OCPD Holds Taser Demonstration To Educate Public

OCPD Holds Taser Demonstration To Educate Public
OCPD Holds

OCEAN CITY — Hoping to address concerns surrounding Ocean City’s decision to equip some officers with Taser Electronic Control Devices, the Ocean City Police Department (OCPD) held a public information session and demonstration Thursday.

“We’ve spent enormous amounts of time researching this,” said OCPD Public Affairs Officer Mike Levy.

Levy, along with Chief Bernadette DiPino, spoke at length about the devices the OCPD currently has in the field, including training, facts and what situations may call for deployment of a Taser.

Sergeant Dennis Eade called the X2 model device that Ocean City will use the “Cadillac” of Tasers and noted that it was chosen both because it was a new model and for visibility.

“We got them in yellow before anybody else,” said Levy.
Levy explained that OCPD wanted a model visibly different from a handgun.

But like a handgun, Levy acknowledged that the Taser was another “tool” for officers. Unlike a firearm, however, the aim of the Taser is to diffuse a situation before it becomes violent.

“It basically overwhelms the central nervous system,” said Levy, who added that a Taser allows an officer to maintain “standoff distance” from a suspect.

“With a Taser, you can be several feet away and immobilize without ever having to touch them until you put the handcuffs on,” he said.

Levy said that Tasers have a 94-percent success rate and are even more desirable than other less-than-lethal options like pepper spray or batons because they don’t injure the suspect or require any kind of decontamination.

The X2 model used by OCPD will have a maximum range of 25 feet, though Eade asserted that officers will be much closer than that before firing.

Despite all the benefits, Levy admitted that a Taser is not “a magic bullet.”
“Taser technology is not risk free,” he said.

DiPino revealed that she was hesitant initially when the OCPD began considering Taser deployment. She said she was aware of the controversy attached to Tasers by a number of deaths associated with their use. But DiPino claimed that in each of those cases there were other factors involved, usually drugs or alcohol, which were actually responsible for the fatality, not the Taser.

After conducting research, DiPino said she was confident enough in the devices to begin a pilot program this year. Currently, the OCPD has 14 Tasers in the field issued to officers covering across all shifts. Before receiving a device, an officer goes through a three-day training course, which DiPino noted is longer than Taser requires. Seasonal officers will not be permitted to use Tasers, at least for this year.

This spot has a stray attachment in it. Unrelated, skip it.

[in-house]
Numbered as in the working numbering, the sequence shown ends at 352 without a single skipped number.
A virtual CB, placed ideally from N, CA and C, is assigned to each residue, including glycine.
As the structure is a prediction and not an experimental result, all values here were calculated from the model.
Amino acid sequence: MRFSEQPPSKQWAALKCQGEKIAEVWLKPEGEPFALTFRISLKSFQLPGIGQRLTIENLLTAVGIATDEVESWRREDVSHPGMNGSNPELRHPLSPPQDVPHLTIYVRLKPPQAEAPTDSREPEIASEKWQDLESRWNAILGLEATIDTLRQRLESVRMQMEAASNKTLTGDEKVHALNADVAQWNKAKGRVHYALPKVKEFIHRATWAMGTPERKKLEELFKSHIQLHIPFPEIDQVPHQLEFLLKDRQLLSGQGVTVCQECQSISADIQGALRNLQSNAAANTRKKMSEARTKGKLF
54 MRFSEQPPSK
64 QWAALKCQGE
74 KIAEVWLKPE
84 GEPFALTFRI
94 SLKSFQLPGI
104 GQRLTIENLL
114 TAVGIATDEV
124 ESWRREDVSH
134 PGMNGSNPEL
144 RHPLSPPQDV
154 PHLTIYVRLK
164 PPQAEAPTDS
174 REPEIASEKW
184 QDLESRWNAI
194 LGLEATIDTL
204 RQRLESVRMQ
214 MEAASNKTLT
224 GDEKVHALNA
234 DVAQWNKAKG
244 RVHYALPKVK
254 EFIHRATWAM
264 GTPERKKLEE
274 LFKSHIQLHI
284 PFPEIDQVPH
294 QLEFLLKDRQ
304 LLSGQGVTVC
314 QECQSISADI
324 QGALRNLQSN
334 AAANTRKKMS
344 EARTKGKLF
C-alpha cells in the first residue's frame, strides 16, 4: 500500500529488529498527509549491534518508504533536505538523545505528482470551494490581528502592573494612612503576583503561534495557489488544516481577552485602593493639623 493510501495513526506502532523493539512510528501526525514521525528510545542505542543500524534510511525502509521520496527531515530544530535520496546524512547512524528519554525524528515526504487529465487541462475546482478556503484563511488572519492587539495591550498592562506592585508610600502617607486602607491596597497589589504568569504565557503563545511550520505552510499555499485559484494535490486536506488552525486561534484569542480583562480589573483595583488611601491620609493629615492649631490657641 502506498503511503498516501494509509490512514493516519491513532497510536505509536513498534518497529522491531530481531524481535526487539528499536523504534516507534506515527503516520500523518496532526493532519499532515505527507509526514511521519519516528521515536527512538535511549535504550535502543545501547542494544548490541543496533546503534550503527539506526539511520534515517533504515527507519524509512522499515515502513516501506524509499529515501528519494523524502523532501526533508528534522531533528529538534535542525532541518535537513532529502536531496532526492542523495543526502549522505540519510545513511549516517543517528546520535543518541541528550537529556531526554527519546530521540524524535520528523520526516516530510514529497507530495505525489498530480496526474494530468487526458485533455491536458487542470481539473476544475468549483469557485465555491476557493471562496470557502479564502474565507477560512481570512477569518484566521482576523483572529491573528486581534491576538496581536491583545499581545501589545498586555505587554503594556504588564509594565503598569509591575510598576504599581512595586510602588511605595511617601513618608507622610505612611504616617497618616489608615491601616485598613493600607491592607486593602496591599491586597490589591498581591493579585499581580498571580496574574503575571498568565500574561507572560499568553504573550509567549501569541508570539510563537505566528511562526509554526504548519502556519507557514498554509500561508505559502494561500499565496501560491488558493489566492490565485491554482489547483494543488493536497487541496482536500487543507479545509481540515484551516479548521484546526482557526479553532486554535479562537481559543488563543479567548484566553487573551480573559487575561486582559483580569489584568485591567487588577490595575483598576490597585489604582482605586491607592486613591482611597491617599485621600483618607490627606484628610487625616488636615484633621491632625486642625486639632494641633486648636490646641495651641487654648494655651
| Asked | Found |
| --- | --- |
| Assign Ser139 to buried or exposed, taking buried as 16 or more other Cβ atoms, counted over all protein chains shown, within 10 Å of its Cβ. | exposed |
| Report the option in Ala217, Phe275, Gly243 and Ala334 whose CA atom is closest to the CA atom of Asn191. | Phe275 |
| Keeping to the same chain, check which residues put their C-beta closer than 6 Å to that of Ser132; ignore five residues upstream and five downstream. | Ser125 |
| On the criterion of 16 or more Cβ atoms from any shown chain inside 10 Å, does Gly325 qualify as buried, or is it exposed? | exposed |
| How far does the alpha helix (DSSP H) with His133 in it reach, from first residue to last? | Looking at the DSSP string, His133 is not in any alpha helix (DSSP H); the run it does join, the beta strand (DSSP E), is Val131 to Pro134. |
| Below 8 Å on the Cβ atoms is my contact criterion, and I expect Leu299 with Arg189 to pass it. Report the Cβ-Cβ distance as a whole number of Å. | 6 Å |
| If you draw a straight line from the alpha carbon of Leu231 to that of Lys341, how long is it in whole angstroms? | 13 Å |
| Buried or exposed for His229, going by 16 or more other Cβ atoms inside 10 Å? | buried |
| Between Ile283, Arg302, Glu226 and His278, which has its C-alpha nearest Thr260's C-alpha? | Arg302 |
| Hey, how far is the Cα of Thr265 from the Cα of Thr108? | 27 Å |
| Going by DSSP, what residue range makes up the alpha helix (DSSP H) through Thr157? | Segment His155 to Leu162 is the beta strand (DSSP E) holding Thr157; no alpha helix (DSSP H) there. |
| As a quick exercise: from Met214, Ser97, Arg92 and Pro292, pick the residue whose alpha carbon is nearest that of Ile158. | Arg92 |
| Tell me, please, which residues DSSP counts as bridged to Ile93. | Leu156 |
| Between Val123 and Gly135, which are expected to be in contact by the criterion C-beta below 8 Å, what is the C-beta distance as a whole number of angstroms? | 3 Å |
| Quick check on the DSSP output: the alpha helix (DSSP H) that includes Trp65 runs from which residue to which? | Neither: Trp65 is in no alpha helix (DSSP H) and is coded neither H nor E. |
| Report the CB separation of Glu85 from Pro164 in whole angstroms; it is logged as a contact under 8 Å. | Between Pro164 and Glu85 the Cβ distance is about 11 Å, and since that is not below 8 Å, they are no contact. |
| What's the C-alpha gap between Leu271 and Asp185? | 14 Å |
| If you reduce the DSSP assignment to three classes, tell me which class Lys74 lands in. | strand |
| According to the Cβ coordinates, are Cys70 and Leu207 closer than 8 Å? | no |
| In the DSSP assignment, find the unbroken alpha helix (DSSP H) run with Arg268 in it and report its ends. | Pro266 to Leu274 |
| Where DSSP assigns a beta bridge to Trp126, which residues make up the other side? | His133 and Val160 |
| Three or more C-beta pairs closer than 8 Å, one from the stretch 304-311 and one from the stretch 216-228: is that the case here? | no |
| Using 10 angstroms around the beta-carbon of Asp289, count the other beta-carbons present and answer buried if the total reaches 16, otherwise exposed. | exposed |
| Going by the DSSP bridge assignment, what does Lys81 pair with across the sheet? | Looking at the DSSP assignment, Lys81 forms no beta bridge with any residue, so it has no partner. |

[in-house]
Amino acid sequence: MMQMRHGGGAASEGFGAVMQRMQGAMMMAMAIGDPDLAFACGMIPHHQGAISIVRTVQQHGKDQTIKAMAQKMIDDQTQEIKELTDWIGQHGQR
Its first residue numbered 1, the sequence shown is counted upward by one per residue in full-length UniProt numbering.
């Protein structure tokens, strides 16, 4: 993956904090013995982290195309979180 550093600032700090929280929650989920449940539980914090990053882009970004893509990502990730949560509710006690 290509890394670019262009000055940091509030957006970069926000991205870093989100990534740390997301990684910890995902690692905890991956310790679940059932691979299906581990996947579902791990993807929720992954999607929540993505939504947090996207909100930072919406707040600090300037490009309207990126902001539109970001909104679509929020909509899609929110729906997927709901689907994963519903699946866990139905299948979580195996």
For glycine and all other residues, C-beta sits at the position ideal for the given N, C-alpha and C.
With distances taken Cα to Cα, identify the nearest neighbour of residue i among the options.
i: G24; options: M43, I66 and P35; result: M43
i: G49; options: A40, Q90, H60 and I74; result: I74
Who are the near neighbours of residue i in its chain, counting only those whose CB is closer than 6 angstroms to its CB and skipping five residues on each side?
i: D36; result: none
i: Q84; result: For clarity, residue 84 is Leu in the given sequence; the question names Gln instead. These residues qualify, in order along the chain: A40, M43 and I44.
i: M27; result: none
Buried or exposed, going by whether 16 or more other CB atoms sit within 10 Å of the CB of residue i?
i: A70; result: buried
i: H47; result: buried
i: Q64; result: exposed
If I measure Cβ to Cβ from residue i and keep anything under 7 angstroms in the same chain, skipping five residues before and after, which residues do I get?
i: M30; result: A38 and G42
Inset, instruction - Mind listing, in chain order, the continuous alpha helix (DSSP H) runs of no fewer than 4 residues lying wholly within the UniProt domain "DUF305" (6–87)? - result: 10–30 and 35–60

“We’ve got very strict guidelines,” she assured a group of residents yesterday.

According to the OCPD, more than 16,500 law enforcement agencies in 100 counties use Tasers, including agencies in 29 of the 33 largest U.S. cities. But DiPino claimed Ocean City will be unique in how proactive the department aims to be in educating the public about the devices.

“Nobody else in the country has done anything like what we’re doing to get the information out,” she said.

Even though Tasers are desirable because they don’t injure suspects, DiPino added that anyone who has a Taser deployed against them will be immediately taken to the hospital just to be safe.

In attendance at the session were several public officials, including Ocean City Council members Margaret Pillas, Mary Knight and Doug Cymek. Pillas asked about some details of the Taser and how it would be deployed.

Eade explained the device would be fired at suspects who refused to cooperate with officers and usually exhibited violence or the potential threat of violence, though each incident would be judged individually. Officers are trained to fire at a suspect’s back or chest below the sternum. Once engaged, the Taser delivers voltage over a five-second period, which is controlled by the device itself, meaning it won’t matter if the officer keeps holding the trigger.

Eade added that, although the device uses 50,000 volts to fire, only 1,200 volts are felt by the target.

Because it is a pilot program, DiPino said that the success of the devices will be closely monitored over the course of the year. Every instance where a Taser is deployed or even removed from the holster will be documented. Additionally, each device tracks how many times it has been fired.

DiPino hoped the session cleared up any of the misinformation or concerns felt by the public and stressed that introducing the devices should no way reflect on questions of needing more security in town.

“Ocean City is a very safe place,” she said.